We will not see the new Cortex-A72 processor hit the streets until next year but it is being touted as saving ARM’s bacon.
Investors are concerned about lower royalty rates for ARM as growth in the smartphone market shifts to China, where consumers typically buy devices priced at $200 or less, compared with more than $600 in the United States.
ARM licenses its processor technology to other semiconductor companies and receives its cash based on the selling prices of chips shipped by its partners.
On the technical side, ARM claims the new processor has 3.5 times the performance of comparable chips from 2014.
The chip design will also deliver a 75 percent reduction in energy use, helping reduce battery drain on smartphones, they claimed.
However, most of the advances depend on contract manufacturers like TSMC getting its 16nm process technology to higher yields.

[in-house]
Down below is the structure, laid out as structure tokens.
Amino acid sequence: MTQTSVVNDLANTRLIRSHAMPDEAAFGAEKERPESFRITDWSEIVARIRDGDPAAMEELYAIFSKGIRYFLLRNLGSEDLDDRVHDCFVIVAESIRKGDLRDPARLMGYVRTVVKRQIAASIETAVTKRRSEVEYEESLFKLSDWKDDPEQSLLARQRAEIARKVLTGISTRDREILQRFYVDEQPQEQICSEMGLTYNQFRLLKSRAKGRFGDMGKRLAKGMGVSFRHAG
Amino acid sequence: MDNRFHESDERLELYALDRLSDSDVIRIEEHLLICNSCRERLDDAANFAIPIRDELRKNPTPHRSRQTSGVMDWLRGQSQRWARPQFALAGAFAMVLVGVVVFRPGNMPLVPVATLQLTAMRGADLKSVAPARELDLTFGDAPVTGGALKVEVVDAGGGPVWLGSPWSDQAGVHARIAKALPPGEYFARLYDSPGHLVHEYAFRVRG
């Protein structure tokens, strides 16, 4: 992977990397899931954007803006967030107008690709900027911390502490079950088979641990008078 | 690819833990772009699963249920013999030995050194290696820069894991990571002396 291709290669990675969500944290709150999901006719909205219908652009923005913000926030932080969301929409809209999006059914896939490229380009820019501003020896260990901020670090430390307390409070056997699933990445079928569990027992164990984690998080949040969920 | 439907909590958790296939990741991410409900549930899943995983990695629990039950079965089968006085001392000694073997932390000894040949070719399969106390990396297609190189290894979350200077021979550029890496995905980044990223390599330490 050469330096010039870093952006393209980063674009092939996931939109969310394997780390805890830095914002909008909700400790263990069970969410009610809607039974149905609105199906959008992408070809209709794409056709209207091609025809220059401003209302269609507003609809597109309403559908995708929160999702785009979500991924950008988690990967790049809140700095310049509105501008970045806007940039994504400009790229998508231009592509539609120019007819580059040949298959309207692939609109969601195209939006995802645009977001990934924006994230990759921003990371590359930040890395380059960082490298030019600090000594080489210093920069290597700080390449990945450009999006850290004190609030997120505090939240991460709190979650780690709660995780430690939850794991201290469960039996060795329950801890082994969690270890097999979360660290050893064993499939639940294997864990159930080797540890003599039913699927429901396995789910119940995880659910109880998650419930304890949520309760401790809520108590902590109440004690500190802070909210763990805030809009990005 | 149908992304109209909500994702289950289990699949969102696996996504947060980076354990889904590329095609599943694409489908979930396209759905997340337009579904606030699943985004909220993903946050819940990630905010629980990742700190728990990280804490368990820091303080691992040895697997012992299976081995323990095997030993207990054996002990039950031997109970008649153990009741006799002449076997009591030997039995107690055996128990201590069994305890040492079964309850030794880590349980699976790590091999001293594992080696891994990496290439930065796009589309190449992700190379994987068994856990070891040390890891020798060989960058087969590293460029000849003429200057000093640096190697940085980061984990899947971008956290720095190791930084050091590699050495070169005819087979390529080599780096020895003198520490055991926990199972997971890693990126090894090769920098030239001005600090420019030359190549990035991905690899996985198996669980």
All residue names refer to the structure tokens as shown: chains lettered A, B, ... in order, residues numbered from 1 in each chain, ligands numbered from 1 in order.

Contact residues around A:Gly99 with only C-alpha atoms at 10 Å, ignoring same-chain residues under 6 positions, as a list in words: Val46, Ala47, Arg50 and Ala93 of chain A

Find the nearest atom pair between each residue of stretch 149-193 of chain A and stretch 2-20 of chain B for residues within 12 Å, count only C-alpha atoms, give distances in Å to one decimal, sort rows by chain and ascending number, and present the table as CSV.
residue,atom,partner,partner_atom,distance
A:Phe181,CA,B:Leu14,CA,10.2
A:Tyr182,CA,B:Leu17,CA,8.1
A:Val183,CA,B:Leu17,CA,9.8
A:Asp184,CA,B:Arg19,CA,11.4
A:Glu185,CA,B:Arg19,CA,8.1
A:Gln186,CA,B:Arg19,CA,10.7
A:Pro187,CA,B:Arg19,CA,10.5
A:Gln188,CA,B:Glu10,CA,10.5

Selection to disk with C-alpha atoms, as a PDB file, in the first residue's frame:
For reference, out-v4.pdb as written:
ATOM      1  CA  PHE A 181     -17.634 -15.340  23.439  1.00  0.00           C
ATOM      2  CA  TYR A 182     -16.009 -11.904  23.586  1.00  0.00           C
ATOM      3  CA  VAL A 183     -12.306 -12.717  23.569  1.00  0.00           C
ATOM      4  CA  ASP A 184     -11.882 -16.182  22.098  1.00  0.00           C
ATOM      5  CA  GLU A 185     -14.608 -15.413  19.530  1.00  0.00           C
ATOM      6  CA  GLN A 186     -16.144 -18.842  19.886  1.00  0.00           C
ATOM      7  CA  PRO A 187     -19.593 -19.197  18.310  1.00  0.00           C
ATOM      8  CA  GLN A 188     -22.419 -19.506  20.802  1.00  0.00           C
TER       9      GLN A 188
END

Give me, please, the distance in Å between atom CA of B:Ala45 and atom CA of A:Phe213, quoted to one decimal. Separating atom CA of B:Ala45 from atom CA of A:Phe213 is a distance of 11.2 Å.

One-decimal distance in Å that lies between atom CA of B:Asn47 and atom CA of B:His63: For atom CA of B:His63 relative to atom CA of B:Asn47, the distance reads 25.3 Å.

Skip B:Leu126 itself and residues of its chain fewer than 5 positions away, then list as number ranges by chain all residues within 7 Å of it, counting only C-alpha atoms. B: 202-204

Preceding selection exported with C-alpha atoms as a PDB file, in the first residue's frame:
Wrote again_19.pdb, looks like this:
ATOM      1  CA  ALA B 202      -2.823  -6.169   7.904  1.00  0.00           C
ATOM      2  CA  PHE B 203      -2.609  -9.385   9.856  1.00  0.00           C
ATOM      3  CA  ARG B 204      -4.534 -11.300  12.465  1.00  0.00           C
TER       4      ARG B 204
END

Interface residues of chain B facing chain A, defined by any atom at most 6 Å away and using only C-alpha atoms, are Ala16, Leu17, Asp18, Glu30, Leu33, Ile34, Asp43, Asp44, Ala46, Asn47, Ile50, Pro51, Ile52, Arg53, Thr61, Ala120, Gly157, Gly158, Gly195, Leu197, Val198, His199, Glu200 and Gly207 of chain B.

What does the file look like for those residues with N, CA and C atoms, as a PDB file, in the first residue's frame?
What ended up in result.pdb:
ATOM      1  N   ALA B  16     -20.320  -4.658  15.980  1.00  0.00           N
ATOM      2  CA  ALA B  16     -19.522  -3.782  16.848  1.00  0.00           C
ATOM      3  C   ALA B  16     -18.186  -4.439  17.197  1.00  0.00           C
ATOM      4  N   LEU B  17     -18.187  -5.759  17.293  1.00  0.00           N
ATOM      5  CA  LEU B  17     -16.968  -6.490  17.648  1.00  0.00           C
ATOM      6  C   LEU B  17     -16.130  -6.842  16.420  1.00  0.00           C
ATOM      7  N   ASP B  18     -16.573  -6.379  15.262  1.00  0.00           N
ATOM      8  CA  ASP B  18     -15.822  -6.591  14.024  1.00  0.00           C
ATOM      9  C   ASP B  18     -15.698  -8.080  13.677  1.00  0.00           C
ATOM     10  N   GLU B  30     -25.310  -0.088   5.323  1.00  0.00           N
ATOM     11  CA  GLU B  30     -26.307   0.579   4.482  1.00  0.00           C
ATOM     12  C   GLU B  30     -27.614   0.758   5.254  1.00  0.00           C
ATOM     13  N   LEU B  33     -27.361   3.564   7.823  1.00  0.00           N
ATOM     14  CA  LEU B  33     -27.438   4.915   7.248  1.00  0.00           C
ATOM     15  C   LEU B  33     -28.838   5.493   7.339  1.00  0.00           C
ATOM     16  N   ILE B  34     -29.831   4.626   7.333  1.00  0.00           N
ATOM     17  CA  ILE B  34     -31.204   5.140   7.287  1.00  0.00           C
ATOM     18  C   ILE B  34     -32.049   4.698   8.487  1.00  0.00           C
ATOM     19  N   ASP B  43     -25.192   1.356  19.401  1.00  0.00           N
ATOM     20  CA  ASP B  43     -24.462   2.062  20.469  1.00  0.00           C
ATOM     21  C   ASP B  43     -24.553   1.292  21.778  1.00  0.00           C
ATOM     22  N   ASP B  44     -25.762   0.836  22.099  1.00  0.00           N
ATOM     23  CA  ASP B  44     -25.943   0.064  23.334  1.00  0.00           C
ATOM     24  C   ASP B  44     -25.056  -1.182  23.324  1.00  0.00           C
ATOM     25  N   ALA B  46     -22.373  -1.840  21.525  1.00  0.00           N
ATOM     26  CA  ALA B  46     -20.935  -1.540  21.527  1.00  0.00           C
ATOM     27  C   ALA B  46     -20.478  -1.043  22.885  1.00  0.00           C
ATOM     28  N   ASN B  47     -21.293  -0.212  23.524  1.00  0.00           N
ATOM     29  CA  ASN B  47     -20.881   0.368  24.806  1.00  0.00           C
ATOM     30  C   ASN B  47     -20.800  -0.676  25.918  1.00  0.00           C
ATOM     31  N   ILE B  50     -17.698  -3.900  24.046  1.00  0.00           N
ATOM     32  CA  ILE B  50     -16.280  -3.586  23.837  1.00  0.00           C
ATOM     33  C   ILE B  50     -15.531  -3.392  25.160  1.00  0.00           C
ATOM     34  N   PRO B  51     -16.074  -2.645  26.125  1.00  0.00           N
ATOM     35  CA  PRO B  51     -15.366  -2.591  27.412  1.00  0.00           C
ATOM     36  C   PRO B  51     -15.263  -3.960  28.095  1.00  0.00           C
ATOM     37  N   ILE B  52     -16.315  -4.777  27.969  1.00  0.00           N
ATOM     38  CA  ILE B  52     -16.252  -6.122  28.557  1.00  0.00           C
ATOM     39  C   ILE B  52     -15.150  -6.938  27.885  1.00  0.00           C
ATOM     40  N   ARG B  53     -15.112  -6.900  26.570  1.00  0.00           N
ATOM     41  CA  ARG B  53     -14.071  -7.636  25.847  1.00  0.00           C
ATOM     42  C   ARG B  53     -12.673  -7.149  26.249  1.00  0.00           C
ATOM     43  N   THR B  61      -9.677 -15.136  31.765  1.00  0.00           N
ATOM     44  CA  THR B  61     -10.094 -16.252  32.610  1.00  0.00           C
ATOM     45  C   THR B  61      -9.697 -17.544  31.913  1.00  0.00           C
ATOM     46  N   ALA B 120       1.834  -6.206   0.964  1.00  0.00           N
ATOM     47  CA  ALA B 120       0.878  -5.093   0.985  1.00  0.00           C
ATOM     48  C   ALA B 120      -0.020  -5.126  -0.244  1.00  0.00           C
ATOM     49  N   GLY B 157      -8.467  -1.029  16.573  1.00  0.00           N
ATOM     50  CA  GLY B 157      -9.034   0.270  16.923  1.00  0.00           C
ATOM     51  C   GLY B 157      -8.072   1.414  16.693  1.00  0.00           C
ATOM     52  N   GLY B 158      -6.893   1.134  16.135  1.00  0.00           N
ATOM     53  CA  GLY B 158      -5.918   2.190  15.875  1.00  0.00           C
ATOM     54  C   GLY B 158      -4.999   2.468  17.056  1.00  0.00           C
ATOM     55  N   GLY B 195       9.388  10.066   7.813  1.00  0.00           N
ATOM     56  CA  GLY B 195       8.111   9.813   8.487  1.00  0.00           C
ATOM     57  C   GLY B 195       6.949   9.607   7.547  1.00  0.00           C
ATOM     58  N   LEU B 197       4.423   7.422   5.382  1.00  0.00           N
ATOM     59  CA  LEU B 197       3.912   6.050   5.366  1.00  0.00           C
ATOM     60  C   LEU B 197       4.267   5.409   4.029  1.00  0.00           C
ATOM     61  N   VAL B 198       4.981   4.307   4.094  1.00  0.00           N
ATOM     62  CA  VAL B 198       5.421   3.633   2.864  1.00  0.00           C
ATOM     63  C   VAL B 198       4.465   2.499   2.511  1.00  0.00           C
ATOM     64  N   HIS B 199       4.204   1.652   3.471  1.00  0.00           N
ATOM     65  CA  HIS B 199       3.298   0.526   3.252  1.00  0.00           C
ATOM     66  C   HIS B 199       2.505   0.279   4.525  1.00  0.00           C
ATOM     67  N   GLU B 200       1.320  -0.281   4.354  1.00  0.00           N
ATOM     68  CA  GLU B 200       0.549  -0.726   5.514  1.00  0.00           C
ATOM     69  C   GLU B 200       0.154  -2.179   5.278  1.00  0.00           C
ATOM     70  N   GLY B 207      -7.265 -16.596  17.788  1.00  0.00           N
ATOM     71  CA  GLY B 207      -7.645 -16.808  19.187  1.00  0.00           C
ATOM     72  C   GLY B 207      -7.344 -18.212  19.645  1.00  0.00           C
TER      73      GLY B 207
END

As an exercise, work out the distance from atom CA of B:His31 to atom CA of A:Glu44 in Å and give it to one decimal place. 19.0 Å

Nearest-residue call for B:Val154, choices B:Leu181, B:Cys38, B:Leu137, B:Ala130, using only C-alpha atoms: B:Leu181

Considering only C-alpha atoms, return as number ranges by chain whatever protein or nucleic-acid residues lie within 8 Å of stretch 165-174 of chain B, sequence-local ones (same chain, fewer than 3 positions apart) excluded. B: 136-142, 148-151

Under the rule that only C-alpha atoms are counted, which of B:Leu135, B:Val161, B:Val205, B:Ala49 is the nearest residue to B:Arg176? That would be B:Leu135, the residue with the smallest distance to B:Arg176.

Nandan Nayampally, ARM’s vice president of marketing, said with the Cortex-A72’s increased computing horsepower, smartphones and tablets will be able to handle complex computing like voice analysis without having to connect to the Internet.
Many compute-heavy tasks on smartphones today are handled remotely in data centres owned by Internet heavyweights like Amazon, Google and Facebook In instead of by the smartphone’s processor, with results instantly sent to the device.
Ten companies have licensed the new technology, including China’s Rockchip and Taiwan’s MediaTek, ARM said.